Imran Khan distributes food parcels at on of the mobile kitchens in Islamabad. Twitter photo
Tariq Butt, Correspondent
Pakistan Prime Minister Imran Khan on Sunday expanded the operations of the “Ehsaas Koi Bhooka Na Soye” (No one goes to bed hungry) programme to three more cities — Lahore, Faisalabad and Peshawar.
He announced the extension of the programme before the arrival of the Holy Month of Ramadan. While addressing a ceremony in Islamabad, Imran said that initially a pilot programme of mobile kitchens (kitchens on trucks) had been launched in Islamabad to assess what issues would come up.
“Now you can see it has been started in Peshawar, Lahore and Faisalabad. And this is the beginning — our idea is that we want to spread a network of kitchens [and] meals on wheels across Pakistan and they will then cover all the areas where there is the most poverty and people sleep hungry.”
The prime minister said that blessings and prosperity came from God but it was up to humans to make the effort for them.
He said he wanted the office bearers in government and ministers to realise that “their biggest responsibility after coming into power is towards the segment that is poor.”
Imran questioned why Pakistan hadn’t followed the path set by the state of Medinah despite being founded in the name of Islam.
One of the mobile kitchens of Ehsaas Programme.
“Even though our situation is difficult — there is debt, little money is left to spend on the people — despite that, God’s order is to follow that path. This path is of rule of law and of humanity, that we take responsibility for our poor segment.”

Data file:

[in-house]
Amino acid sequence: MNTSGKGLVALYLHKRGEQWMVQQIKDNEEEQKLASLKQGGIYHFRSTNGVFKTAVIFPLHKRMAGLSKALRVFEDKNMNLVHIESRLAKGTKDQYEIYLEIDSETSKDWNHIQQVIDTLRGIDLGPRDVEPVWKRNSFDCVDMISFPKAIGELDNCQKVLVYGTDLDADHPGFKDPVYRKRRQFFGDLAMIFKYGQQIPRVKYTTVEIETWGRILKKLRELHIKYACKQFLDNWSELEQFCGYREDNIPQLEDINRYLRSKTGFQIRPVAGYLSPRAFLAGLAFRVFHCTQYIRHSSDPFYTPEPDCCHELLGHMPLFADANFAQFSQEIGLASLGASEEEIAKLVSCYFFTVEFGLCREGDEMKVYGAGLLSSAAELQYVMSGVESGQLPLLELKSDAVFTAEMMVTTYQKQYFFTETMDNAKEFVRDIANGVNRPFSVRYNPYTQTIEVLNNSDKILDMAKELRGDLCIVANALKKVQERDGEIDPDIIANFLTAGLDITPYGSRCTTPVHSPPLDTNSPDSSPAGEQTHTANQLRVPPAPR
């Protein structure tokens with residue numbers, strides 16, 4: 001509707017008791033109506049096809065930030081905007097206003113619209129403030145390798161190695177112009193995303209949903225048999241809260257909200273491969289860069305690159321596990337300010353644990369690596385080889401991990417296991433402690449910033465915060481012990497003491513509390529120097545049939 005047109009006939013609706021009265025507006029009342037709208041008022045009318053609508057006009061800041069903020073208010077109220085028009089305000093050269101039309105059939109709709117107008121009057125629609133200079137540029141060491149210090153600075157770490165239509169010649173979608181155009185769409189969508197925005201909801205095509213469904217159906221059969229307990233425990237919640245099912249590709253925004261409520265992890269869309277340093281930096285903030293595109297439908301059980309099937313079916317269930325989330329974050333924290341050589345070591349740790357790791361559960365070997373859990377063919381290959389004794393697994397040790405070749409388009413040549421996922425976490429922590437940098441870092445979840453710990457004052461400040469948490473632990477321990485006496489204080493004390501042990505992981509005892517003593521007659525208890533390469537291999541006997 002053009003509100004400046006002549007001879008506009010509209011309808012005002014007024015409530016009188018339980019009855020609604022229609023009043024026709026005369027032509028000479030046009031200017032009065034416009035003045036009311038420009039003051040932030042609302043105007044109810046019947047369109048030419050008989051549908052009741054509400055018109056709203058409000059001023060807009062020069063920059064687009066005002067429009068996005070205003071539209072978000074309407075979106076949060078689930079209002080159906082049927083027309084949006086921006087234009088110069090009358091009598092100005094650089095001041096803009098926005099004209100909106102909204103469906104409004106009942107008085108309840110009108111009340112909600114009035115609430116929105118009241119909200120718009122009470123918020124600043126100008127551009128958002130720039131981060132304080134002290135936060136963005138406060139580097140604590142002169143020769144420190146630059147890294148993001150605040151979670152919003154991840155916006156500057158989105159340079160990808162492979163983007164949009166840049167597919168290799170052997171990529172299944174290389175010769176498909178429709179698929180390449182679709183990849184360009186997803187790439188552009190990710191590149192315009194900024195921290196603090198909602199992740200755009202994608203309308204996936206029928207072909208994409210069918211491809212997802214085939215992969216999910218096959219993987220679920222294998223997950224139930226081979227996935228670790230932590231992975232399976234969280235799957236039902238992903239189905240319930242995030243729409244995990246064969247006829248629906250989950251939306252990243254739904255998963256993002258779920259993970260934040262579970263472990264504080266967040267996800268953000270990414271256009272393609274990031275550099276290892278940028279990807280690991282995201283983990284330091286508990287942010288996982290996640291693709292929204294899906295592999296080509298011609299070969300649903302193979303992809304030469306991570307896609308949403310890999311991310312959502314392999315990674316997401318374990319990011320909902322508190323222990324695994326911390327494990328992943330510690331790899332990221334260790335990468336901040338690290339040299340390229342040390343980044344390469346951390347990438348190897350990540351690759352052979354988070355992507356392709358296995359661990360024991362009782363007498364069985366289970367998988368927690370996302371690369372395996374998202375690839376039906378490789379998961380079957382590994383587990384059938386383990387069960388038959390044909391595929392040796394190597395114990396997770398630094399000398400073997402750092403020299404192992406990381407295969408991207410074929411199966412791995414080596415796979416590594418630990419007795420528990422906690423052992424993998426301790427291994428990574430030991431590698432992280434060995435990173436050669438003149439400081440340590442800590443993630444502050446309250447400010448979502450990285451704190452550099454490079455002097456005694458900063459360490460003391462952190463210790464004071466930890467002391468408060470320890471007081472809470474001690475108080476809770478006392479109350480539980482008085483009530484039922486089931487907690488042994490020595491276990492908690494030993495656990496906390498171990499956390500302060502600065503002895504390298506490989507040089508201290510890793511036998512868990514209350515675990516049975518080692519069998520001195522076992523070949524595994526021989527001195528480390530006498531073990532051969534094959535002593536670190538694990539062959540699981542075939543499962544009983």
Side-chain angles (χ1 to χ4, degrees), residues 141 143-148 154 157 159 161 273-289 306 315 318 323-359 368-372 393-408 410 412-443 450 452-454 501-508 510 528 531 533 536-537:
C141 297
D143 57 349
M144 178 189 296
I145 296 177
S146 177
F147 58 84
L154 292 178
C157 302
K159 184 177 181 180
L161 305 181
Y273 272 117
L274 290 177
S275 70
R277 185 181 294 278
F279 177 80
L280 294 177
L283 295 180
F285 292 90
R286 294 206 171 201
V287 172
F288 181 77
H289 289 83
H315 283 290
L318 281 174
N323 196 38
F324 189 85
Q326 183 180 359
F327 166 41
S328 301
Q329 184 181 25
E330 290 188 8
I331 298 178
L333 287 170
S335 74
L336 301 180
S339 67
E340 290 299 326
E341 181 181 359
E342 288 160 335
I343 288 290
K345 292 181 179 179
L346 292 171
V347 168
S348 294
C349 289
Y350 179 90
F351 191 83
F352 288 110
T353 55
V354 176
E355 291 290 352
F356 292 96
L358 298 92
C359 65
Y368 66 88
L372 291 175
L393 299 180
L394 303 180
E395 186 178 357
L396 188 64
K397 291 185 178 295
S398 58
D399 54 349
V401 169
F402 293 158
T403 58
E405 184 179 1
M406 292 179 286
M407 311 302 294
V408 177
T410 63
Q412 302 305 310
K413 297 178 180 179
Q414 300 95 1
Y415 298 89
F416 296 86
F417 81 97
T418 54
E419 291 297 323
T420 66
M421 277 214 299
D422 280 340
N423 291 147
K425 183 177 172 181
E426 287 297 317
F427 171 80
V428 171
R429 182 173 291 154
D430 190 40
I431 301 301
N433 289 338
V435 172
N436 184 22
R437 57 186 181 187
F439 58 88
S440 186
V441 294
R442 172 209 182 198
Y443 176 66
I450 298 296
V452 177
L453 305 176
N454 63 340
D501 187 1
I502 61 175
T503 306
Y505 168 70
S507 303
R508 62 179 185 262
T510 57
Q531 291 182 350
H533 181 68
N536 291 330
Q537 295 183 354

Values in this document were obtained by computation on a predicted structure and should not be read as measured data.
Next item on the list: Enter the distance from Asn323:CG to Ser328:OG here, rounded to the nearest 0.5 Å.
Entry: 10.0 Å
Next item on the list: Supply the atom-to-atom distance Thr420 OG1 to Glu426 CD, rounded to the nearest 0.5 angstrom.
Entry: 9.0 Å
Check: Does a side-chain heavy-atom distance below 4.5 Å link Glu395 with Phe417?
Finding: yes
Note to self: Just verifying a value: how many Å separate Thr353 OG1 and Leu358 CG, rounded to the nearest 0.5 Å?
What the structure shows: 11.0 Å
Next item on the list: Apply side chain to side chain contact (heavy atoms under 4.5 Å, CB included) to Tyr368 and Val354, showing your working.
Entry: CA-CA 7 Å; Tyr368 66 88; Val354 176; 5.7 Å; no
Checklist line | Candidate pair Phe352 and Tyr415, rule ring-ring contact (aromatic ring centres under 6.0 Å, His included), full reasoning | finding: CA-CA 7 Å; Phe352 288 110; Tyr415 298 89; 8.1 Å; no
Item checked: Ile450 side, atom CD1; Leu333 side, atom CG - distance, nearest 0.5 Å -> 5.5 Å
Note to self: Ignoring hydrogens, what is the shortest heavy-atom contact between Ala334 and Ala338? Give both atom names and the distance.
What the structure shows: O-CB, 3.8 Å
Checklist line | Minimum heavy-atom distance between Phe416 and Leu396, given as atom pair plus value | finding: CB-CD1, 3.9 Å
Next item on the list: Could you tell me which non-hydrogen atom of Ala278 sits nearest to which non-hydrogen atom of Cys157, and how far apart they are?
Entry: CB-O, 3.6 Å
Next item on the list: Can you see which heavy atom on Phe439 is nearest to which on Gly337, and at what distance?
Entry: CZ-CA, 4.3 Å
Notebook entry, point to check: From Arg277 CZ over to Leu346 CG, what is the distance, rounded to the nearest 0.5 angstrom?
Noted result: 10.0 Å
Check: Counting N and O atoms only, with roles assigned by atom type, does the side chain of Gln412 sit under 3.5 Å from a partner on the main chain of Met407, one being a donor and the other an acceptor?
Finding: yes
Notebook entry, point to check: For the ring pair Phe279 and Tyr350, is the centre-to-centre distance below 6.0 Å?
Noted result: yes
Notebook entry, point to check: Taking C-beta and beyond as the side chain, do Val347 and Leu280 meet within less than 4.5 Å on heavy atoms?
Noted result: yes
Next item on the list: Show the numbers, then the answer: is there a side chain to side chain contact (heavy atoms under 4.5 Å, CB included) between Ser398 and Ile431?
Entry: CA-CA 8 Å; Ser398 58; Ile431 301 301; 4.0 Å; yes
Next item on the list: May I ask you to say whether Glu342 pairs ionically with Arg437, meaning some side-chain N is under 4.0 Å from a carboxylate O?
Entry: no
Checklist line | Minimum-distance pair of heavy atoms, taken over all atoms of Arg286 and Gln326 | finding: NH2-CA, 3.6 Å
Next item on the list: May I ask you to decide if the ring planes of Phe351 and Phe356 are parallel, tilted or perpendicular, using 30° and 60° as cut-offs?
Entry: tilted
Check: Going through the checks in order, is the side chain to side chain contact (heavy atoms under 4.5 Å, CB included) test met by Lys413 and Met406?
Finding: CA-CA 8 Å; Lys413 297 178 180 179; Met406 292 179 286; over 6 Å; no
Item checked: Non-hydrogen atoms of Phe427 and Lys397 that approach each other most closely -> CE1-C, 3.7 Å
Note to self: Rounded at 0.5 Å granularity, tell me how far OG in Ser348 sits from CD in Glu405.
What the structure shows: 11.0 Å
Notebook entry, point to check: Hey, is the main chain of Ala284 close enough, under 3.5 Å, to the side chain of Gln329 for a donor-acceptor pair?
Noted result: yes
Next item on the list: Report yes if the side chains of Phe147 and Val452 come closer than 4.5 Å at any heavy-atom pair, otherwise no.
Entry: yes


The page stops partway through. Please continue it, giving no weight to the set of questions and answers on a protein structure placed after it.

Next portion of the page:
The premier said that God’s blessings would shine upon Pakistan once the state took responsibility for delivering meals to people who couldn’t afford them.
“We don’t realise what a huge asset is lying in our country - the people who give charity. We are among the only countries where people give the most charity, we are very lucky people,” said the prime minister, adding that the people’s charity had supported the running of his Shaukat Khanum Memorial Cancer Hospital.
The prime minister also cited other measures taken for the benefit of the poor such as the government’s Panagah (shelter) programme and universal health coverage.
He called upon the public to participate and donate to the programme with charity before Ramadan.
For quite some time, the area became a battleground between the police and protesters. The government servants had planned the protest for the past two weeks and had made announcements to the effect.
"We had a very difficult two years. We didn't have foreign exchange and couldn't pay our debts. We have avoided a huge crisis because we didn't default (payments). But I know it hasn't been easy for the people, I understand the difficulties they faced and still are facing,” he said in a televised address to the nation.
The prime minister expressed dissatisfaction over the performance of the current local governments and said a system was being introduced at the village level under which funds would be transferred directly to the councils.
Prime Minister Imran Khan says the last two years of his life were the toughest, despite having struggled all his life, as Pakistan was facing challenges from all fronts.
“My entire life has been a struggle,” he told Dunya TV channel.
The Anti-Economic Crimes Department at the Dubai Police, within less than an hour, arrested an African gang on charges of defrauding with counterfeit $15 million.
Celebrated artist and a long-term UAE resident Akbar Saheb was awarded the coveted 10 year Golden Visa for his outstanding creative contribution towards the country. Saheb has created more than 1,000 works of art.
The UAE Public Prosecution has ordered a gang of nine members to be referred to the court after being found guilty of committing a money-laundering crime using the funds they collected from theft and fraud operations.